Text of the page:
Conference Name: 18th Annual Conference of the Wildlife Society
Miara, Sheila (primary author); Colyer, Andrew; Keenlance, Paul; Jacquot, Joseph; Larsen, Angela; Canaan, Melissa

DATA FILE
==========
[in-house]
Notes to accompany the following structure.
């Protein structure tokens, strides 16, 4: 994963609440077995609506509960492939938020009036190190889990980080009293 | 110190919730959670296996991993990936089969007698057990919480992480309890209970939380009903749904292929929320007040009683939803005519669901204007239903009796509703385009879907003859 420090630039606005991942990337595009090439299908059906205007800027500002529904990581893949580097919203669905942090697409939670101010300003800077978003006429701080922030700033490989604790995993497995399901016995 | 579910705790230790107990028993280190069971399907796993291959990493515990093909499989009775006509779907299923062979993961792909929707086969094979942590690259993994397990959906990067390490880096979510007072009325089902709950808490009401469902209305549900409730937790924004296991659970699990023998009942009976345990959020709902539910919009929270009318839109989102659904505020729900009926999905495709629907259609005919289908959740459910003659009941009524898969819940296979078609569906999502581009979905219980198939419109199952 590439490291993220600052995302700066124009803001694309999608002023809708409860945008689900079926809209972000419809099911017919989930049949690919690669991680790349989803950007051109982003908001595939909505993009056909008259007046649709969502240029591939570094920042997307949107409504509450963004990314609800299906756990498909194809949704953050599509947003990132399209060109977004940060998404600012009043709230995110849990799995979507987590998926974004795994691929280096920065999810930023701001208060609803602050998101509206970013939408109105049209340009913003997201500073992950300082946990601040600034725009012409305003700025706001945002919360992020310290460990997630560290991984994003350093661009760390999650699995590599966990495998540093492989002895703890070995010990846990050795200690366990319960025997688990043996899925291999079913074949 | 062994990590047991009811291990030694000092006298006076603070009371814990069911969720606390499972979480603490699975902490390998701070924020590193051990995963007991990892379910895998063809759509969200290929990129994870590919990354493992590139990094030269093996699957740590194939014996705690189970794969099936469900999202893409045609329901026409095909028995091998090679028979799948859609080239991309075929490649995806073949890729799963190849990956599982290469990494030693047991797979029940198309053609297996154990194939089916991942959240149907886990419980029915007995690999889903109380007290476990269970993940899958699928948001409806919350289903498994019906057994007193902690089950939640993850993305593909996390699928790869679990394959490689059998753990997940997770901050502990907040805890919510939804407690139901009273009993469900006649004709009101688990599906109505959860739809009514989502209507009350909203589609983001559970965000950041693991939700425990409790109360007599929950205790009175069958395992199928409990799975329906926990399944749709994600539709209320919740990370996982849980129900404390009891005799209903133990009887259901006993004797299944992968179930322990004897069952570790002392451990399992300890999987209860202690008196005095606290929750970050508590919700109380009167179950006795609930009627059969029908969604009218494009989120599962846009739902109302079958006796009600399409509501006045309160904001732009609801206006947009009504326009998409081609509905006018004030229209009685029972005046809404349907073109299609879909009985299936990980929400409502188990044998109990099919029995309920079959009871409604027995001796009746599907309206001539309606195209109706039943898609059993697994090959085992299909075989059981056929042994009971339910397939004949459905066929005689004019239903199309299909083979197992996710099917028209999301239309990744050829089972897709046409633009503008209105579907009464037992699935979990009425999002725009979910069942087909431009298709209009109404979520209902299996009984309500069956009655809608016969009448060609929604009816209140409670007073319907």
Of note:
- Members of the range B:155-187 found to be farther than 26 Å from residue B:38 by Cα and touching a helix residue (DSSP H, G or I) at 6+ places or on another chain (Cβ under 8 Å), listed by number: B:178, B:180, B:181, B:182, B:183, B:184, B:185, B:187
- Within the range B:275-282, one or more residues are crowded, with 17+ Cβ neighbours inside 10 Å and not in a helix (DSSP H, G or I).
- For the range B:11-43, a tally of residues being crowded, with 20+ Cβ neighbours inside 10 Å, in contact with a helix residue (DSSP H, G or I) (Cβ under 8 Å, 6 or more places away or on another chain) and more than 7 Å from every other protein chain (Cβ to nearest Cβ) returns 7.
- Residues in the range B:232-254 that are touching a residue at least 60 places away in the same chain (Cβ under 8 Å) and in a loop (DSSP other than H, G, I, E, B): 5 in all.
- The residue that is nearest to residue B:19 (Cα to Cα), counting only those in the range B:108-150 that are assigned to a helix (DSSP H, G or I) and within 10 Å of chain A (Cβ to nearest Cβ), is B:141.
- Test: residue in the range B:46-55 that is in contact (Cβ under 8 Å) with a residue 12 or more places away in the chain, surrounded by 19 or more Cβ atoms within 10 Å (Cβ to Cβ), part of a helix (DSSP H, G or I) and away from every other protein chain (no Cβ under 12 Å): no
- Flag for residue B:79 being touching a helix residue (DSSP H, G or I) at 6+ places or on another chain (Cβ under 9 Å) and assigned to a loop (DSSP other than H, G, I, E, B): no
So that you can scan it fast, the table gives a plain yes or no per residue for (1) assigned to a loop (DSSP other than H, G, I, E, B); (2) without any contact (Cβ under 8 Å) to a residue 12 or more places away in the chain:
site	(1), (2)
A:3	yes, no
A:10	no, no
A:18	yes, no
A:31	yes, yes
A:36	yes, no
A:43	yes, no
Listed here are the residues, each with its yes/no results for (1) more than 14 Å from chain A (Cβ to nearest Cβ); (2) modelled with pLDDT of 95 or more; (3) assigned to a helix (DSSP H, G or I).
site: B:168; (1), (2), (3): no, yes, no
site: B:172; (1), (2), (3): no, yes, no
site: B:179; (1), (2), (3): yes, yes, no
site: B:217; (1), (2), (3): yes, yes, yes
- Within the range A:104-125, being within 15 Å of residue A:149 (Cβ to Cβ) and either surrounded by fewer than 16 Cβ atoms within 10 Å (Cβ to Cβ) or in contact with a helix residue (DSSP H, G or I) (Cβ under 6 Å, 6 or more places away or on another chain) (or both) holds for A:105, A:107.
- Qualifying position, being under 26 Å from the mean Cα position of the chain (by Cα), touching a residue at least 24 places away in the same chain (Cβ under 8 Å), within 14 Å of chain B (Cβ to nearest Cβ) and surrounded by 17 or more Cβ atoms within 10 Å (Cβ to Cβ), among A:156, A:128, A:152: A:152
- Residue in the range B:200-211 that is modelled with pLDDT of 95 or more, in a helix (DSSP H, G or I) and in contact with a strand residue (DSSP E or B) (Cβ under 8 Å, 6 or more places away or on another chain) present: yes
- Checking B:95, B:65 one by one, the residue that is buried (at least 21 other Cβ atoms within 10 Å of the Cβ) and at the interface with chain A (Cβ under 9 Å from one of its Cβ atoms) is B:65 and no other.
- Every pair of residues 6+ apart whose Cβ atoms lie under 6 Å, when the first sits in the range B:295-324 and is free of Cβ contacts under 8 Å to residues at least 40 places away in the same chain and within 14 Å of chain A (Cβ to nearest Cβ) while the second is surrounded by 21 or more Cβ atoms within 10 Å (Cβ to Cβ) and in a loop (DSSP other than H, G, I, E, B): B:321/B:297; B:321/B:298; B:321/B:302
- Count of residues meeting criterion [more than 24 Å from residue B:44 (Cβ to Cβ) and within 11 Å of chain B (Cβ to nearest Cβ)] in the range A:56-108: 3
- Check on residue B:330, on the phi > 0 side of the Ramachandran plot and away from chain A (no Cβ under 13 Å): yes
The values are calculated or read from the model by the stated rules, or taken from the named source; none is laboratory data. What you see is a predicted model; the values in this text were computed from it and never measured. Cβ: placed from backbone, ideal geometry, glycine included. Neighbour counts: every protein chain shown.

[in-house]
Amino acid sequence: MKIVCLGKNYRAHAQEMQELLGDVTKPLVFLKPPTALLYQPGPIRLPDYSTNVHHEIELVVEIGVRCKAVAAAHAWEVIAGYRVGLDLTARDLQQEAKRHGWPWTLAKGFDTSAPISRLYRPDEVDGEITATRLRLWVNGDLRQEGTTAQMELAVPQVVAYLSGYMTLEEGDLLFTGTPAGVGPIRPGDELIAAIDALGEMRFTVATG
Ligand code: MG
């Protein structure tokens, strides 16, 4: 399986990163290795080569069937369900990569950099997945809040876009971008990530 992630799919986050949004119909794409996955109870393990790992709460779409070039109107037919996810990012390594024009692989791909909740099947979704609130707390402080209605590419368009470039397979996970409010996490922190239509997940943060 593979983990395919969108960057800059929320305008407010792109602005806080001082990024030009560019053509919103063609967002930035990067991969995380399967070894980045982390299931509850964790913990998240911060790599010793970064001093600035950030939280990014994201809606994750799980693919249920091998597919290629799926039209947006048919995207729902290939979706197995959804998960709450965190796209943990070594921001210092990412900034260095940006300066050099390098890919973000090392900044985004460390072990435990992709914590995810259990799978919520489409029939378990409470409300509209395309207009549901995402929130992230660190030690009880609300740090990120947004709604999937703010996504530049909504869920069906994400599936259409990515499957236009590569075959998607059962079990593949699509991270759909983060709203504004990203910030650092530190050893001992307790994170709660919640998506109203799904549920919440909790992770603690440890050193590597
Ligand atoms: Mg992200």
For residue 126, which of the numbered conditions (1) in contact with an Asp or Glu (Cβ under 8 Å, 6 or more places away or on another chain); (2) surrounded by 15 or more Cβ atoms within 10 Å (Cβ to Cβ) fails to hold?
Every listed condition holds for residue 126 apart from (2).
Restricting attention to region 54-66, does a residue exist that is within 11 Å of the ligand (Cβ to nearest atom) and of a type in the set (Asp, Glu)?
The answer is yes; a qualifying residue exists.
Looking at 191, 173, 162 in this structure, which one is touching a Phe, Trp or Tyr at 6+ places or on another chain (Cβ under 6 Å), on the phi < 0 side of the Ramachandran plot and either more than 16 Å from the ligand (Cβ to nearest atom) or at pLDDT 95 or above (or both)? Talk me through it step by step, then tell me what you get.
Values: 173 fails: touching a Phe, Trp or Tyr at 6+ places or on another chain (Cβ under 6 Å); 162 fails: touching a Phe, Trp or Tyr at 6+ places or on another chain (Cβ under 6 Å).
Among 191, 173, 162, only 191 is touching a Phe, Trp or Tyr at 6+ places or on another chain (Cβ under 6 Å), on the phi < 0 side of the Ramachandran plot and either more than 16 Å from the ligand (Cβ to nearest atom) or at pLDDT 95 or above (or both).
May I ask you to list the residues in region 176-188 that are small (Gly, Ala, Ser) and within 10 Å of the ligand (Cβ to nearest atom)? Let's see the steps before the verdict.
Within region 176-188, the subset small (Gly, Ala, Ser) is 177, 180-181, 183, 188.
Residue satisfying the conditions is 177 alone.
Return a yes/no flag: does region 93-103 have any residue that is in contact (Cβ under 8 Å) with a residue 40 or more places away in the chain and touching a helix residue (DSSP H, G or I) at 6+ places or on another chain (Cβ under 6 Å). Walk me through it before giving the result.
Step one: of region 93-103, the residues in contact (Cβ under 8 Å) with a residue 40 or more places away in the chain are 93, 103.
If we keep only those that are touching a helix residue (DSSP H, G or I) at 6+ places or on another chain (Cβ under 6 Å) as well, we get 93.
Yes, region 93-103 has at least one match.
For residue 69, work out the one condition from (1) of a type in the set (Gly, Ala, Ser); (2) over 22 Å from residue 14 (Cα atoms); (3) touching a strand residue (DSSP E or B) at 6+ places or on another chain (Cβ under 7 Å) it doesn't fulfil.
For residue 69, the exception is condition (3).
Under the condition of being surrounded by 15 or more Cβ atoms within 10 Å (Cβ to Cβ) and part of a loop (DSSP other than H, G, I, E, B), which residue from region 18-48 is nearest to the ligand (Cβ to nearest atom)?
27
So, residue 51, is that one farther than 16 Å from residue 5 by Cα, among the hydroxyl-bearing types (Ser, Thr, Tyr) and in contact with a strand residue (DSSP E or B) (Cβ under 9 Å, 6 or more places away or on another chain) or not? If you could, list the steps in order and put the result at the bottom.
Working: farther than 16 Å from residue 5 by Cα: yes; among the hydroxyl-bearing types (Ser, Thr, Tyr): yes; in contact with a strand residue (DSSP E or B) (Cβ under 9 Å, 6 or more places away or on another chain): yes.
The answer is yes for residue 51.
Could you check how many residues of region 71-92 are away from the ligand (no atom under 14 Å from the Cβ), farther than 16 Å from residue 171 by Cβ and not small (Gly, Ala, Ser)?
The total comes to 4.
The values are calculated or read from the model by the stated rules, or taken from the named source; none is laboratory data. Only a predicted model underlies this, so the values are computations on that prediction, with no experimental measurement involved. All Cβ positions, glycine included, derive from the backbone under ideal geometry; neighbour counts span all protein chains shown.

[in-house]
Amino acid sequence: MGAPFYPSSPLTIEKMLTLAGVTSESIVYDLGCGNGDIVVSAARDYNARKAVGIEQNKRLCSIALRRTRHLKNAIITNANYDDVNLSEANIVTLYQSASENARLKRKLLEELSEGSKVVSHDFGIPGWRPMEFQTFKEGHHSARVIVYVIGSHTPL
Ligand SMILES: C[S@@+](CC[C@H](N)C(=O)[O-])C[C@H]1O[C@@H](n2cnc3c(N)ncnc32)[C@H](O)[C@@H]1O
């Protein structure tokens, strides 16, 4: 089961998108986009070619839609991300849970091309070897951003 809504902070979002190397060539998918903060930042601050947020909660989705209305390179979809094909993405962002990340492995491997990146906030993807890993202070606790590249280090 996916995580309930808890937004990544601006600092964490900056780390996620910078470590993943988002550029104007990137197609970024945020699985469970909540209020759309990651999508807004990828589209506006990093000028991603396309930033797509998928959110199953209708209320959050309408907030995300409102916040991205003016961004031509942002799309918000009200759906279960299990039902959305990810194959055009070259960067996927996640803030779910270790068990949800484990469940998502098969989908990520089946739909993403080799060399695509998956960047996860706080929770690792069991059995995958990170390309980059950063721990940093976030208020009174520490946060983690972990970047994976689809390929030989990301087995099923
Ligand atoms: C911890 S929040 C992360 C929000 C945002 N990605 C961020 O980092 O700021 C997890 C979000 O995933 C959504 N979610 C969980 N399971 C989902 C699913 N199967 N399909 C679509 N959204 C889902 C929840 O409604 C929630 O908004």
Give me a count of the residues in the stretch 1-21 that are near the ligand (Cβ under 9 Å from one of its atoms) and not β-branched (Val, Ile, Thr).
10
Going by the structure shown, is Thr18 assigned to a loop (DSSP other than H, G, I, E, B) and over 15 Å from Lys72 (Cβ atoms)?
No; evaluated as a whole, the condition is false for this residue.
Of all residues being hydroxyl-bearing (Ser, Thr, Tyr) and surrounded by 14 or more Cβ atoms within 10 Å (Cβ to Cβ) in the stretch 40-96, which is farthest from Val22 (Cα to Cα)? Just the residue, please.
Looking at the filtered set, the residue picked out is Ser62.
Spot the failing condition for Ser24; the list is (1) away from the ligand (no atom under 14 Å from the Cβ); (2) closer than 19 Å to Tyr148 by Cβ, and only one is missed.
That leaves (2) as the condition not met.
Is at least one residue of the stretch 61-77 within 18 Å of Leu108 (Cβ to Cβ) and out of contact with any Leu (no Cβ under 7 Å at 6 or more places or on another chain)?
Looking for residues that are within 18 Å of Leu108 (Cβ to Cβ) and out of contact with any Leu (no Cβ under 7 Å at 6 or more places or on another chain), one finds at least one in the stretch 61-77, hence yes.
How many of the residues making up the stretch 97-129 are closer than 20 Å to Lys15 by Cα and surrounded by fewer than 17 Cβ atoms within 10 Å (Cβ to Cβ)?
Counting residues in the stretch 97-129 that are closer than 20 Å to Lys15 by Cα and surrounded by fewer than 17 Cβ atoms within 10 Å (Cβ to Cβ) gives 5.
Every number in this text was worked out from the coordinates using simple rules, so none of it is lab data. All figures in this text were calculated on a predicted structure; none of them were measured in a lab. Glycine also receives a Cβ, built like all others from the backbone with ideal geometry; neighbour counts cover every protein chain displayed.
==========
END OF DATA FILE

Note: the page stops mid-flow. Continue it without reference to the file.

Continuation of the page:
Although southern flying squirrels (Glaucomys volans) are present throughout the Great Lakes region, there are limited studies on the winter ecology and behavior of this species. The objective of this study is to describe winter activity patterns and habitat characteristics for a population of southern flying squirrels in Southwest Michigan. This study specifically examines (1) home range size and microhabitat attributes, (2) group dynamics and relatedness, and (3) characteristics of den tree selection. Flying squirrels were captured using live-traps from October-November, 2010 and monitored daily from November, 2010-February, 2011 using radiotelemetry techniques. Den trees were located daily to determine exact dates of movement to different trees by squirrels. Samples of DNA were derived from ear tissue and epithelial cells. A total of 13 squirrels (6 males, 7 females) were monitored from October 2010 through March 2011. A total of 19 den trees were identified. Preliminary results suggest that squirrels used an average of 3.53 den trees throughout the winter. Den trees had an average DBH of 48.58in and were predominately sugar maple (Acer saccharum). Den trees for males and females averaged 3.17 and 4.57, respectively. Home range size of males and females averaged, 2.2 + 0.41 and 1.99 + 0.18ha, respectively and were calculated using minimum convex polygon. Findings of this study should demonstrate seasonal differences in the ecology and behavior of southern flying squirrels in their northern range during winter months. Furthermore, the information gathered may be useful in managing forested habitats where this species persists.